The Spectrum of an Element in a Normed or Banach Algebra

# The Spectrum of an Element in a Normed or Banach Algebra

So far we have only discussed properties of the spectrum of a point $x$ is an algebra $X$ over $\mathbb{C}$ with unit. When $X$ is a normed algebra (not necessarily with a unit), more can be said.

Theorem 1: Let $X$ be an normed algebra over $\mathbb{C}$ and let $x \in X$. Then there exists a point $\lambda \in \mathrm{Sp}(X, x)$ such that $|\lambda| \geq r(x)$. |

When $X$ is a Banach algebra, we obtain the following theorem.

Theorem 2: Let $X$ be a Banach algebra over $\mathbb{C}$ and let $x \in X$. Then $\mathrm{Sp}(X, x)$ is a nonempty compact subset of $\mathbb{C}$ and moreover, $r(x) = \max \{ |\lambda| : \lambda \in \mathrm{Sp}(X, x) \}$. |

*Recall that a subset of $\mathbb{C}$ is compact if and only if it is closed and bounded.*

**Proof:**Suppose that $\lambda \in \mathbb{C}$ is such that $|\lambda| > r(x) > 0$ so that $|\lambda^{-1}| < r(x)^{-1}$. Then $r(\lambda^{-1}x) < 1$.

- Therefore $1 - \frac{1}{\lambda} x \in \mathrm{Inv}(X)$ by the theorem on the Invertibility of 1 - x When r(x) < 1 in a Banach Algebra page, and thus $\lambda - x \in \mathrm{Inv}(X)$. So $\lambda \not \in \mathrm{Sp}(X)$. Thus if $\lambda \in \mathrm{Sp}(X)$ then $\lambda \leq r(x)$.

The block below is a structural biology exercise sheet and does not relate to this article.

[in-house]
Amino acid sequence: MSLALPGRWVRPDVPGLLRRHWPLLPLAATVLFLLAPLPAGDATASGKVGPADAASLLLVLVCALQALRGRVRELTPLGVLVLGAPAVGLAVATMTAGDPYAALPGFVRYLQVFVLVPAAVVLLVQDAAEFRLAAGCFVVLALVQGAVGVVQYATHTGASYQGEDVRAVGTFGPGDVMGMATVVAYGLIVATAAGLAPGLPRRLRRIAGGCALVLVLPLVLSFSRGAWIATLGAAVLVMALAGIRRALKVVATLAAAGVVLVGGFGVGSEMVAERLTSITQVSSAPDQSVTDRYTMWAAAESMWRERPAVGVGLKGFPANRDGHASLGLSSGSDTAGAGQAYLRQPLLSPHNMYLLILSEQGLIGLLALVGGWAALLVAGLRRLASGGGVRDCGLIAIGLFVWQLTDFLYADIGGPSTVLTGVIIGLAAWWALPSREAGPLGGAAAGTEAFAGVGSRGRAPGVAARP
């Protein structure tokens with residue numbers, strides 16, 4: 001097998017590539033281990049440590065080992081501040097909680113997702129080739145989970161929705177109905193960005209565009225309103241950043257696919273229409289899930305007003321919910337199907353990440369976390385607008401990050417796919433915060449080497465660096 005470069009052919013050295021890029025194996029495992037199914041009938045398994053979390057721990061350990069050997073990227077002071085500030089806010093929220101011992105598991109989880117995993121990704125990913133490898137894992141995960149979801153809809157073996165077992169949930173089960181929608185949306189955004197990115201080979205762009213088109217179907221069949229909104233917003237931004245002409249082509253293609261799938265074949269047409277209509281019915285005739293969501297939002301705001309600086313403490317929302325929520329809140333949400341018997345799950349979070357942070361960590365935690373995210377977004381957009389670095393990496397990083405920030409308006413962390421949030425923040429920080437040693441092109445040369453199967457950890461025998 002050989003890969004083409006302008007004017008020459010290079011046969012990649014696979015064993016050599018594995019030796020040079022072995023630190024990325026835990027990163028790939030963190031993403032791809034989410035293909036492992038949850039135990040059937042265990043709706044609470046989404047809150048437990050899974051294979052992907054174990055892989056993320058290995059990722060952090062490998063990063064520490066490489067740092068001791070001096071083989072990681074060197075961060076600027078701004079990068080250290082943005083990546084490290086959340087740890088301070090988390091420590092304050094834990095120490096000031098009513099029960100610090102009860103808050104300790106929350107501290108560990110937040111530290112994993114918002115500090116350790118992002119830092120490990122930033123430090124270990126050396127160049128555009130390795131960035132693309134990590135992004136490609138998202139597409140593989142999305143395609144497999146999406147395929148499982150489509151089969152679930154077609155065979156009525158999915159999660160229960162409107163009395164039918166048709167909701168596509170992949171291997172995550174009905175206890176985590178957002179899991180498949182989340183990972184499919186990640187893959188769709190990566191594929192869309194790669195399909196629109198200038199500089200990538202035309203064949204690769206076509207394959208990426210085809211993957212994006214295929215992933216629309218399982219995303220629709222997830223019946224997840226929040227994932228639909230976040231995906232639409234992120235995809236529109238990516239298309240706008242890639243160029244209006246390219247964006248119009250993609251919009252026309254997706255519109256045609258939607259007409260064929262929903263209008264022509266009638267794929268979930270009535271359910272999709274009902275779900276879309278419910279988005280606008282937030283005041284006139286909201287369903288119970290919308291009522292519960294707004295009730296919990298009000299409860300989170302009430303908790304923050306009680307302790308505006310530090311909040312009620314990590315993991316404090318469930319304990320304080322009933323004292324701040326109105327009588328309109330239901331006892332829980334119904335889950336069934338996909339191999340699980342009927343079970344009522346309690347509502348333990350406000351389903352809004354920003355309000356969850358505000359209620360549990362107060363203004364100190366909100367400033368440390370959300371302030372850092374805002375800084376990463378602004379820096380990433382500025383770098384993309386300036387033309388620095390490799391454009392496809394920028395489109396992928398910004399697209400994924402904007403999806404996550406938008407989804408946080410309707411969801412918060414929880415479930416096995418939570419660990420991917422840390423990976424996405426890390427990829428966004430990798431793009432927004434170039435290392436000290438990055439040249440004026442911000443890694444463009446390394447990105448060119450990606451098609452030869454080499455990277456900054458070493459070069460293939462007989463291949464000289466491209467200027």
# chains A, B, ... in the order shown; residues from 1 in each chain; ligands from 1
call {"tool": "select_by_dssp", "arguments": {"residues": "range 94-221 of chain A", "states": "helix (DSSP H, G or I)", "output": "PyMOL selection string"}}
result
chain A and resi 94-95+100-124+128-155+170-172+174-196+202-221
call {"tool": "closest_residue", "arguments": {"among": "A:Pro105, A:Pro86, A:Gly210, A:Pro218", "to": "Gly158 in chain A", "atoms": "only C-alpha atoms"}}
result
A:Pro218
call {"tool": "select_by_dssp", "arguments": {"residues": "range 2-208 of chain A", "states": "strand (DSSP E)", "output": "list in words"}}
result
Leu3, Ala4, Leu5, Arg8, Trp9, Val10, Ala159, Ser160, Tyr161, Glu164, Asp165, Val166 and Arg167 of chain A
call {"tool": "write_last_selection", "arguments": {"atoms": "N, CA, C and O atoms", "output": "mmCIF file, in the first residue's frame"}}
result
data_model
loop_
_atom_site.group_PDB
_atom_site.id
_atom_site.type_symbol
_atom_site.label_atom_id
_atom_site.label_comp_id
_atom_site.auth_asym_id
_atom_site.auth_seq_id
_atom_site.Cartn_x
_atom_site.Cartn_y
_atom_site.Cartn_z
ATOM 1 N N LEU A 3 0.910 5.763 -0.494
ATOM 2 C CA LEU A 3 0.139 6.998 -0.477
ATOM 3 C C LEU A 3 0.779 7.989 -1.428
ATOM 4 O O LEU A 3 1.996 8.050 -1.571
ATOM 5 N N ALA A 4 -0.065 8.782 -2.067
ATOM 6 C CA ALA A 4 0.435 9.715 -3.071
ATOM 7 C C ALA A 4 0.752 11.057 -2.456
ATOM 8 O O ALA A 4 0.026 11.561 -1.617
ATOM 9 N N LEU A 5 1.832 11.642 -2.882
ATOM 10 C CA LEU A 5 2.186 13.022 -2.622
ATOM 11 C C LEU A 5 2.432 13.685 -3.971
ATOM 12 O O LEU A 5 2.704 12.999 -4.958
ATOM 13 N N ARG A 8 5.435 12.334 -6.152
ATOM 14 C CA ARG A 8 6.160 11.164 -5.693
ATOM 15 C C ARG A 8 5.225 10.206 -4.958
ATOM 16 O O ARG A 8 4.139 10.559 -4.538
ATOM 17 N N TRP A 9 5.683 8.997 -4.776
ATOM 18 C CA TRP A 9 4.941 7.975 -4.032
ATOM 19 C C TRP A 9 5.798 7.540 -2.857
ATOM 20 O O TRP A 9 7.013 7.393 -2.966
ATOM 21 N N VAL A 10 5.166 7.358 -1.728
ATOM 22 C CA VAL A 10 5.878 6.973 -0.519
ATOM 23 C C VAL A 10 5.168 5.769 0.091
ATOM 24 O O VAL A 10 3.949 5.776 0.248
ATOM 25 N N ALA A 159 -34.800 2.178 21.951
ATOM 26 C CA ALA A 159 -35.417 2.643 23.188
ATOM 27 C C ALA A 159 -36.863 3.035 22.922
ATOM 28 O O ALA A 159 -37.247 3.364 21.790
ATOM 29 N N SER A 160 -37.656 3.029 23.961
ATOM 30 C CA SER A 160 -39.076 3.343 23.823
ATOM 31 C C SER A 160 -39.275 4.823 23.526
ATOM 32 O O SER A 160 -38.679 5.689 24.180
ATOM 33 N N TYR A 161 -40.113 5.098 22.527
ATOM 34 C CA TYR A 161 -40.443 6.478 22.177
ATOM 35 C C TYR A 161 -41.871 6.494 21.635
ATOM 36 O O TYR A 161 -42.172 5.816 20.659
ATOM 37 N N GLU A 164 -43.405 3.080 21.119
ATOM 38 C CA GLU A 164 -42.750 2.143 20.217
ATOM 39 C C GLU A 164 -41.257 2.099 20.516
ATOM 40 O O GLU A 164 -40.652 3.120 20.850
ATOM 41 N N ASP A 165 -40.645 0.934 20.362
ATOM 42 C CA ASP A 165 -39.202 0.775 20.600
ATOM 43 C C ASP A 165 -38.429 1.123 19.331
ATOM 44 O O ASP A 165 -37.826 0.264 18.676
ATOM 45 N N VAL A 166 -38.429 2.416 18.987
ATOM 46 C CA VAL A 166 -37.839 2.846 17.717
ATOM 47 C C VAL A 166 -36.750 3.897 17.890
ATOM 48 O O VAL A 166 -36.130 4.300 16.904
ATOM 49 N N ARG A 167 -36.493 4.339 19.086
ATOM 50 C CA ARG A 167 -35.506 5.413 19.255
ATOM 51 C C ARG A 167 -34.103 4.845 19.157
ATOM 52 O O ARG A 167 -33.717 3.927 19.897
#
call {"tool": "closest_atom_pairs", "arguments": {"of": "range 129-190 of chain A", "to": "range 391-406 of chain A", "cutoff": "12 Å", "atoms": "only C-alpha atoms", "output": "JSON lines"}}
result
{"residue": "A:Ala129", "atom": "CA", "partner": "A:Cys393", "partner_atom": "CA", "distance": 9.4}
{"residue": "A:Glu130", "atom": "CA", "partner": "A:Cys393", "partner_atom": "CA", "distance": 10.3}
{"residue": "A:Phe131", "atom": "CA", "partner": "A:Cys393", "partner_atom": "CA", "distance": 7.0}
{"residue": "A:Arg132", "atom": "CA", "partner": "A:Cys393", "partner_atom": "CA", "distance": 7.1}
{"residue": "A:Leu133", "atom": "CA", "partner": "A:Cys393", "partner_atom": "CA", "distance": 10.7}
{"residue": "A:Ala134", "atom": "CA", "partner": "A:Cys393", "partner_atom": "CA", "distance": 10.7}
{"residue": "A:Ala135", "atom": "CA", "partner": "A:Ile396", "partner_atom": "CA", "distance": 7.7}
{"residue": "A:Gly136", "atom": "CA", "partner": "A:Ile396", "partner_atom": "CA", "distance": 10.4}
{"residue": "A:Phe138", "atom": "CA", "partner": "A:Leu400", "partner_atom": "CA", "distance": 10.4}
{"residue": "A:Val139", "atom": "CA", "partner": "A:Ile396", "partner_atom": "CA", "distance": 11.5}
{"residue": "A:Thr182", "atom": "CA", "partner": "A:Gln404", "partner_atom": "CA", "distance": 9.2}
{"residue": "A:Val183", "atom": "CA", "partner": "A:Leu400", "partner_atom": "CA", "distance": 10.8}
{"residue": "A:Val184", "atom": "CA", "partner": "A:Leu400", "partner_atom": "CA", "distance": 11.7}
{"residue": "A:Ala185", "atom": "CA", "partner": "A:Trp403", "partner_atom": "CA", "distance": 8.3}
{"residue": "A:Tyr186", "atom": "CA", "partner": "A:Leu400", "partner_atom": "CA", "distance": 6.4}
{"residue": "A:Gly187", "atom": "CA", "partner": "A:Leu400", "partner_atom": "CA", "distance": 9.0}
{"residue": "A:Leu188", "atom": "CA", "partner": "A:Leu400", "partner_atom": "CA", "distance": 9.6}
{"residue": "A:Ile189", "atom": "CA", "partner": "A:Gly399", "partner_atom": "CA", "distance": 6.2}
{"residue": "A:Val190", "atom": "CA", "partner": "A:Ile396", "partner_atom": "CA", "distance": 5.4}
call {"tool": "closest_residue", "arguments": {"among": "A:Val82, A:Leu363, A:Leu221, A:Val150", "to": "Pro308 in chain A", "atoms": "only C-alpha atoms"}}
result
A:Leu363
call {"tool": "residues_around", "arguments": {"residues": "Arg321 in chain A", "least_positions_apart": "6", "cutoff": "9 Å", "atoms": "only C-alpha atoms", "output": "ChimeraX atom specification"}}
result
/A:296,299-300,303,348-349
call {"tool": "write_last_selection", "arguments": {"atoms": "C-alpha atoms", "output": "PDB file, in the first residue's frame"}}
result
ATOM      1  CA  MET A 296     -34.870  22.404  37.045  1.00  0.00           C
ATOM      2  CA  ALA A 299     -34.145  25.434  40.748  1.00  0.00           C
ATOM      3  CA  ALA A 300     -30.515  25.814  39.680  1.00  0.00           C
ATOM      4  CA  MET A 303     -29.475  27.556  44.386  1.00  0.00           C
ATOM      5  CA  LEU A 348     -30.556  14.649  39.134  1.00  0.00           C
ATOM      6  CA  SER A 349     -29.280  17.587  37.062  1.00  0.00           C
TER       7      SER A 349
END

- But by Theorem 1 there exists a $\lambda \in \mathbb{C}$ such that $|\lambda| \geq r(x)$. Therefore, there exists a $\lambda \in \mathbb{C}$ such that $r(x) = |\lambda|$ and:

\begin{align} \quad r(x) = \max \{ |\lambda| : \lambda \in \mathrm{Sp}(X, x) \} \end{align}

- Observe that as a result, $\mathrm{Sp}(X, x)$ is a bounded subset of $\mathbb{C}$. Consider the map $F : \mathbb{C} \to X$ defined for all $z \in \mathbb{C}$ by $F(z) = z - x$. Note that $F(z) \in \mathrm{Inv}(X)$ if and only if $z \in \mathbb{C} \setminus \mathrm{Sp}(X, x)$. So:

\begin{align} \quad F^{-1}(\mathrm{Inv}(X)) = \mathbb{C} \setminus \mathrm{Sp}(X, x) \end{align}

- Clearly $F : \mathbb{C} \to X$ is a continuous mapping. We know that $\mathrm{Inv}(X)$ is an open set in $X$ from The Set of Invertible Elements Inv(X) is an Open Subset of X page. Thus by continuity of $F$ and the equality above, $\mathbb{C} \setminus \mathrm{Sp}(X, x)$ is open in $X$, i.e., $\mathrm{Sp}(X, x)$ is closed in $X$.

- Since closed and boundedness implies compactness in $\mathbb{C}$, we see that $\mathrm{Sp}(X, x)$ is compact in $\mathbb{C}$. $\blacksquare$